Fresh Apple Cake with Caramel Glaze

Fresh Apple Cake with Caramel Glaze Recipe

When apples are in season, there’s nothing finer than a simple apple cake. Although easy to make, this cake is anything but ordinary. It’s bursting with fresh apple flavor and spices, while the crunch of pecan, which places the cake unmistakably in Southern territory, adds just the right bite. And, well, the coat of rich caramel makes this an over-the-moon dessert.–Edna Lewis and Scott Peacock

Fresh Apple Cake with Caramel Glaze Recipe

  • Quick Glance
  • 30 M
  • 1 H, 45 M
  • Serves 12


  • For the cake
  • 1 cup light brown sugar, packed
  • 1 cup granulated sugar
  • 1 1/2 cups vegetable oil
  • 3 large eggs
  • 3 cups unbleached all-purpose flour
  • 1 teaspoon baking soda
  • 2 teaspoons ground Ceylon cinnamon (see note)
  • 1/2 teaspoon freshly grated nutmeg
  • 1/2 teaspoon salt
  • 3 to 4 fresh apples (such as Winesap or Granny Smith), peeled and diced into 1/2 inch pieces
  • 1 1/4 cups not-too-finely chopped pecans
  • 2 1/4 teaspoons vanilla extract
  • For the glaze
  • 1/2 stick unsalted butter
  • 1/4 cup granulated sugar
  • 1/4 cup light-brown sugar
  • Pinch of salt
  • 1/2 cup heavy cream


  • Make the cake
  • 1. Preheat the oven to 325°F (160°C).
  • 2. Put the sugars and vegetable oil in a mixing bowl, and beat until very well blended. Add the eggs one at a time, beating well after each addition. Sift together the flour, baking soda, cinnamon, nutmeg, and salt, and gradually add to the sugar and eggs, mixing just until well blended.
  • 3. Stir in the apples, pecans, and vanilla, and pour into a buttered and 9-by-13-inch baking pan.
  • 4. Bake in the preheated oven until a skewer or toothpick inserted into the center of the cake comes out clean and the sides of the cake begin to pull away from the pan, 60 to 75 minutes. (You may want to (begin checking the cake for doneness after 50 minutes.) Remove from the oven and let cool in the pan while you prepare the caramel glaze.
  • Make the glaze
  • 5. Melt the butter in a saucepan, and add both the sugars and the salt. Stir until blended, and cook over medium-low heat for 2 minutes. Stir in the heavy cream, and boil for 2 minutes, stirring constantly. Remove from heat.
  • 6. Use a skewer or toothpick to poke holes all over the top of the cake, and pour the warm glaze over the surface. Serve warm or at room temperature.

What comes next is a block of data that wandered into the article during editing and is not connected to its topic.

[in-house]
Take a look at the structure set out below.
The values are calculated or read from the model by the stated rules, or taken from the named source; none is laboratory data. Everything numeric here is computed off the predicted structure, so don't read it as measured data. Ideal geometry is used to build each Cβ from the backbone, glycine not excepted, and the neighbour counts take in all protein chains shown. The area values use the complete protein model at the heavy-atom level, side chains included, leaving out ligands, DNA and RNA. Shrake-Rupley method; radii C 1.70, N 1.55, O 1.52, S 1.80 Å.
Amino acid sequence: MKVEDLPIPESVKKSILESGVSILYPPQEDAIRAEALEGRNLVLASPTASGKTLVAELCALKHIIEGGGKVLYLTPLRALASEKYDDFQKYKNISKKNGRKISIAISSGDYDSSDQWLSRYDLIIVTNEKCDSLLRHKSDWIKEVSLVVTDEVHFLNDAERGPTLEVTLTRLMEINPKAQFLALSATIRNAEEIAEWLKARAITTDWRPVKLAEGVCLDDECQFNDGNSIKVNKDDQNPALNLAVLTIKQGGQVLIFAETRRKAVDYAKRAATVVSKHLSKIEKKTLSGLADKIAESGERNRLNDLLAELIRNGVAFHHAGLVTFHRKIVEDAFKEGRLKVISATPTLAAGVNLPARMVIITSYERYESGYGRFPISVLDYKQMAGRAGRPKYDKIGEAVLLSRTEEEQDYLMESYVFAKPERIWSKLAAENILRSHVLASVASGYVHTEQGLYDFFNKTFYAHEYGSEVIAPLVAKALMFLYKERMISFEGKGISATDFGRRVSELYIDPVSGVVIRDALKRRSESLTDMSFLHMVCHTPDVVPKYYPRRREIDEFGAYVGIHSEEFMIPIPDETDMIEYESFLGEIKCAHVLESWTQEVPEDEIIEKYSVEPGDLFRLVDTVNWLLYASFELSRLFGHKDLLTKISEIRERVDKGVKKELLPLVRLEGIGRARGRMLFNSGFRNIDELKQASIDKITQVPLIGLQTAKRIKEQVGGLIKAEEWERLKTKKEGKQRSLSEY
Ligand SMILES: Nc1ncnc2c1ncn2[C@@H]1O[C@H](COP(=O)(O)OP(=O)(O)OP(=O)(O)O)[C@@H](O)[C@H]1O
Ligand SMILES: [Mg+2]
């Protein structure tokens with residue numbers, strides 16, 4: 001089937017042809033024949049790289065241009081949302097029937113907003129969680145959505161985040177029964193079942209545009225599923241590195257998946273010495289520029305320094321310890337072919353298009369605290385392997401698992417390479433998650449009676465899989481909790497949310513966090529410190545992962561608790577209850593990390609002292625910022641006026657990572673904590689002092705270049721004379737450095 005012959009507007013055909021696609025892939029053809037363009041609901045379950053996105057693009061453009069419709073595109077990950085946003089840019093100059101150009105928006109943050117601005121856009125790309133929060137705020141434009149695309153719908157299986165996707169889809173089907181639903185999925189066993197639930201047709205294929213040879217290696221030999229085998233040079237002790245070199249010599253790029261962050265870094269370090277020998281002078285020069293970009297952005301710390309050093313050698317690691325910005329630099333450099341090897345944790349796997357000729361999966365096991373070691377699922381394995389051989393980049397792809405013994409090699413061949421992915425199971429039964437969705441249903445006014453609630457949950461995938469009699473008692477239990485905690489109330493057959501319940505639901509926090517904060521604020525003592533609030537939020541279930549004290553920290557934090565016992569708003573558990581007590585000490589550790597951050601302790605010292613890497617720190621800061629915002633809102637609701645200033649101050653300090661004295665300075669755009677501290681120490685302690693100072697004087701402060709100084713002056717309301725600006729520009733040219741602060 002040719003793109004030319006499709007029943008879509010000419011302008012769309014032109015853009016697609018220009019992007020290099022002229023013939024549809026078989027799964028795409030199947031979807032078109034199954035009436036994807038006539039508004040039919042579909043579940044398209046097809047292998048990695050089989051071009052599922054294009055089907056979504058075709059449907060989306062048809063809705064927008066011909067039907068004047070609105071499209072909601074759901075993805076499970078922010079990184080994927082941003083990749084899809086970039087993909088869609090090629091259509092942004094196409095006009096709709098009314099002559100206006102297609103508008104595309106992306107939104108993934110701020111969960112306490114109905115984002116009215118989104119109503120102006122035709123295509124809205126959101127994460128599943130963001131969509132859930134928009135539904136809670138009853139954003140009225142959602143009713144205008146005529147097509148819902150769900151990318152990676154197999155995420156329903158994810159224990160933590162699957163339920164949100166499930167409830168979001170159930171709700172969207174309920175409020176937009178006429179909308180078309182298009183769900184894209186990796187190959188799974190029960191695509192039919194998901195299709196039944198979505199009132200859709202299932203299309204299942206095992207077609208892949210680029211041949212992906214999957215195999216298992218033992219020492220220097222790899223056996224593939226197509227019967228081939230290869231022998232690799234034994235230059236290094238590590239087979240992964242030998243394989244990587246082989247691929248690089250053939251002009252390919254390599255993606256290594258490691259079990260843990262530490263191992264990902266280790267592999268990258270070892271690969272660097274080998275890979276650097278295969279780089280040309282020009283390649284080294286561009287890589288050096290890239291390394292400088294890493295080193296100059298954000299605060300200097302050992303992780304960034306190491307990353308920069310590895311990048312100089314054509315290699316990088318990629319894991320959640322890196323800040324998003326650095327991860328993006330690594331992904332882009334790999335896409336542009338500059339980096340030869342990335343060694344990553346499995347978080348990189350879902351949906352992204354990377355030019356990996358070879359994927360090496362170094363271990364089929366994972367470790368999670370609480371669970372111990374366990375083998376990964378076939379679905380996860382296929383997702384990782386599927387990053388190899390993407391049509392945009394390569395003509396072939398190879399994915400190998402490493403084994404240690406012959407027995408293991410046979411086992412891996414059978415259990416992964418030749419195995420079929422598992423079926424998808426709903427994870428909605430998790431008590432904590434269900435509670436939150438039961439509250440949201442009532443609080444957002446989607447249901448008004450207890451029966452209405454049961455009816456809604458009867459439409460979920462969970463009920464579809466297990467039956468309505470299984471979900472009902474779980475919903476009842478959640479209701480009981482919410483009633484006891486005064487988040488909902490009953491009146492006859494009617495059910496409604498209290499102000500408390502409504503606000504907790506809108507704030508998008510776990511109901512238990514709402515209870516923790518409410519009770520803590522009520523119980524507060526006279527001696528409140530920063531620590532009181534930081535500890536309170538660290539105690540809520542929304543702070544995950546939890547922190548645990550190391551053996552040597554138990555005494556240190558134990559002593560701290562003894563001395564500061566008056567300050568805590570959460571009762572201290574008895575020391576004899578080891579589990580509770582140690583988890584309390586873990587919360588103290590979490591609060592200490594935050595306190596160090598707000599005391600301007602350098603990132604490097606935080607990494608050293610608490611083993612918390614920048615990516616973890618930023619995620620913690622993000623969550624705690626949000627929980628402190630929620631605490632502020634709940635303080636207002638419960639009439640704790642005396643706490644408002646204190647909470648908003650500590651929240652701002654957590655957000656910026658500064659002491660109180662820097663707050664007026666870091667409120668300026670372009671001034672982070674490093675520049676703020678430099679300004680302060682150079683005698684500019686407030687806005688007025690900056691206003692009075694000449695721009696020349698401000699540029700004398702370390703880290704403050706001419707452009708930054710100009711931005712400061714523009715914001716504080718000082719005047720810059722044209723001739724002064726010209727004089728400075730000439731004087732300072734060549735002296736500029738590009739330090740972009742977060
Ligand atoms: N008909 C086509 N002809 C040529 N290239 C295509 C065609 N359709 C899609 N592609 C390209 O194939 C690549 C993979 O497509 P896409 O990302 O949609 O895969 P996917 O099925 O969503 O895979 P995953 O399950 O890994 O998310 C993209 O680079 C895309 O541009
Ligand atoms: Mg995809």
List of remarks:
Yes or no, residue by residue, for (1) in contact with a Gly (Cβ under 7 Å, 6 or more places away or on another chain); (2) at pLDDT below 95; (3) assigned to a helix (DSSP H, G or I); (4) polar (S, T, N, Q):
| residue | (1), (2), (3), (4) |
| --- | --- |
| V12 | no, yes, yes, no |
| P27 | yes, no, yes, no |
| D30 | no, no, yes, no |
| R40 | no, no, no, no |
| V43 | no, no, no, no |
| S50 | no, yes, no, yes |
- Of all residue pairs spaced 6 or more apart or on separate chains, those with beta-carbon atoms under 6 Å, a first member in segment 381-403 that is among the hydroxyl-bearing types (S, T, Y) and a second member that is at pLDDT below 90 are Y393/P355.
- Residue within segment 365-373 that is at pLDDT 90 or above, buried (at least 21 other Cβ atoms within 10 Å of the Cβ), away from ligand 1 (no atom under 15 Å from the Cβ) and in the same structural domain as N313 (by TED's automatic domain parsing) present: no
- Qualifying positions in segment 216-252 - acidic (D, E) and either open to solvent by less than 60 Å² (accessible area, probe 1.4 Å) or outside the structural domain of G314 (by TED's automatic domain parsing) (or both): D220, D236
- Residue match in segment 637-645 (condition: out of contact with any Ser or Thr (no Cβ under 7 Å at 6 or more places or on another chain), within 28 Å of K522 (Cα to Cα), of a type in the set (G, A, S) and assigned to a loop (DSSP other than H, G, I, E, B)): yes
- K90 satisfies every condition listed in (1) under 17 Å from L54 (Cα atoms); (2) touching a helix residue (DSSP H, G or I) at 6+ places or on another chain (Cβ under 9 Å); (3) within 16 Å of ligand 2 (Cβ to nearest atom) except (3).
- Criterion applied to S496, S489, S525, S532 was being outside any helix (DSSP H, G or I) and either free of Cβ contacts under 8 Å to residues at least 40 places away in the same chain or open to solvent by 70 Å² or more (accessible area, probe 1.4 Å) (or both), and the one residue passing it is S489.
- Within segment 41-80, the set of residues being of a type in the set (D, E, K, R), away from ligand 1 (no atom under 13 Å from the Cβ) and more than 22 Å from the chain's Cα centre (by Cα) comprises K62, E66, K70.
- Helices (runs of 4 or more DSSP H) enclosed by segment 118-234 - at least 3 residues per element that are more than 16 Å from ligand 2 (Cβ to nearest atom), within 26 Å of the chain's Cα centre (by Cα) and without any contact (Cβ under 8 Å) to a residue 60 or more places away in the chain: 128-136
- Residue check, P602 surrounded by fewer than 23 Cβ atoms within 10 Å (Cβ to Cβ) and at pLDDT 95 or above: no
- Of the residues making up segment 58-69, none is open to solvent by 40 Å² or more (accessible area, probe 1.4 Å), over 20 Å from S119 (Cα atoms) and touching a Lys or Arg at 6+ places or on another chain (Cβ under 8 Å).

• The quality of cinnamon can vary greatly, and most that you find on supermarket shelves is harsh and hot in flavor. Ceylon cinnamon is the exception and we use it a lot in our recipes. Ceylon cinnamon is best purchased in stick form, kept tightly covered away from sunlight, and ground in a spice mill or with a mortar and pestle for each recipe (we keep a small electric coffee grinder that we use only for sweet spices like cinnamon and clove). Unlike common cinnamon, which is thick, hard and brittle, Ceylon cinnamon is paper thin and crumbles easily in the hand. It is complexly smooth and sweet, and very refined, both in aroma and flavor. We recommend seeking it out, as it makes all the difference in a dish. If, however, for some reason you simply cannot find Ceylon cinnamon, reduce the amount called for in our recipe by half if you are using an ordinary supermarket brand.
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Testers Choice

Testers Choice
Testers Choice
Elsa M. Jacobson

Nov 21, 2003

Wow! Edna Lewis has a real winner here. It’s rich, sweet, unpretentious, yet classy.It would work for breakfast, brunch, tea, or dessert – not wanting to over-gild the lily, I’m still thinking it would be extra-decadent for dessert with a little scoop of French vanilla or dulce de leche ice cream. Or, if you have extra heavy whipping cream leftover from making the glaze, just go ahead and whip it up — in this case, I’d serve it atop the cake, and just a little dollop would do just fine! Moist and full of apples, I think many varieties of apples would work. We happened to have Pink Lady apples around, a little past their prime, so this seemed a good use for them.If I’d had Granny Smith apples or if I’d had to go out to buy apples, I think they’d be my go-to apple variety here. The glaze was a lovely finishing touch; however, the delicious cake would be very good as-is, especially warm from the oven. Serves 12?! No one would have any trouble eating 1/12th of this cake, but a smaller piece would surely suffice.I cut the cake in the pan into the twelfths specified, then left it on the kitchen table. When I returned, someone had cut each twelfth in half. Later he shared with me that, although he cut the pieces smaller since they were so sweet and rich, he ate a second small piece right after the first! I am a pecan fan, and pecans are integral to the Southern palate from which this recipe emanates, but for any non-pecan fans, this could easily be made with walnuts, or the nuts could be omitted altogether. I confess to using my non-Ceylon cinnamon here. Because Lewis speaks so passionately about the Ceylon variety, I will seek it out, but I assure you, the cake will be a winner with the cinnamon you generally use for baking.ÊOne note about the instructions: In Step 3 of the Make the Cake section, the batter does not really pour but rather clumps into the baking pan. It was quite thick at that stage.

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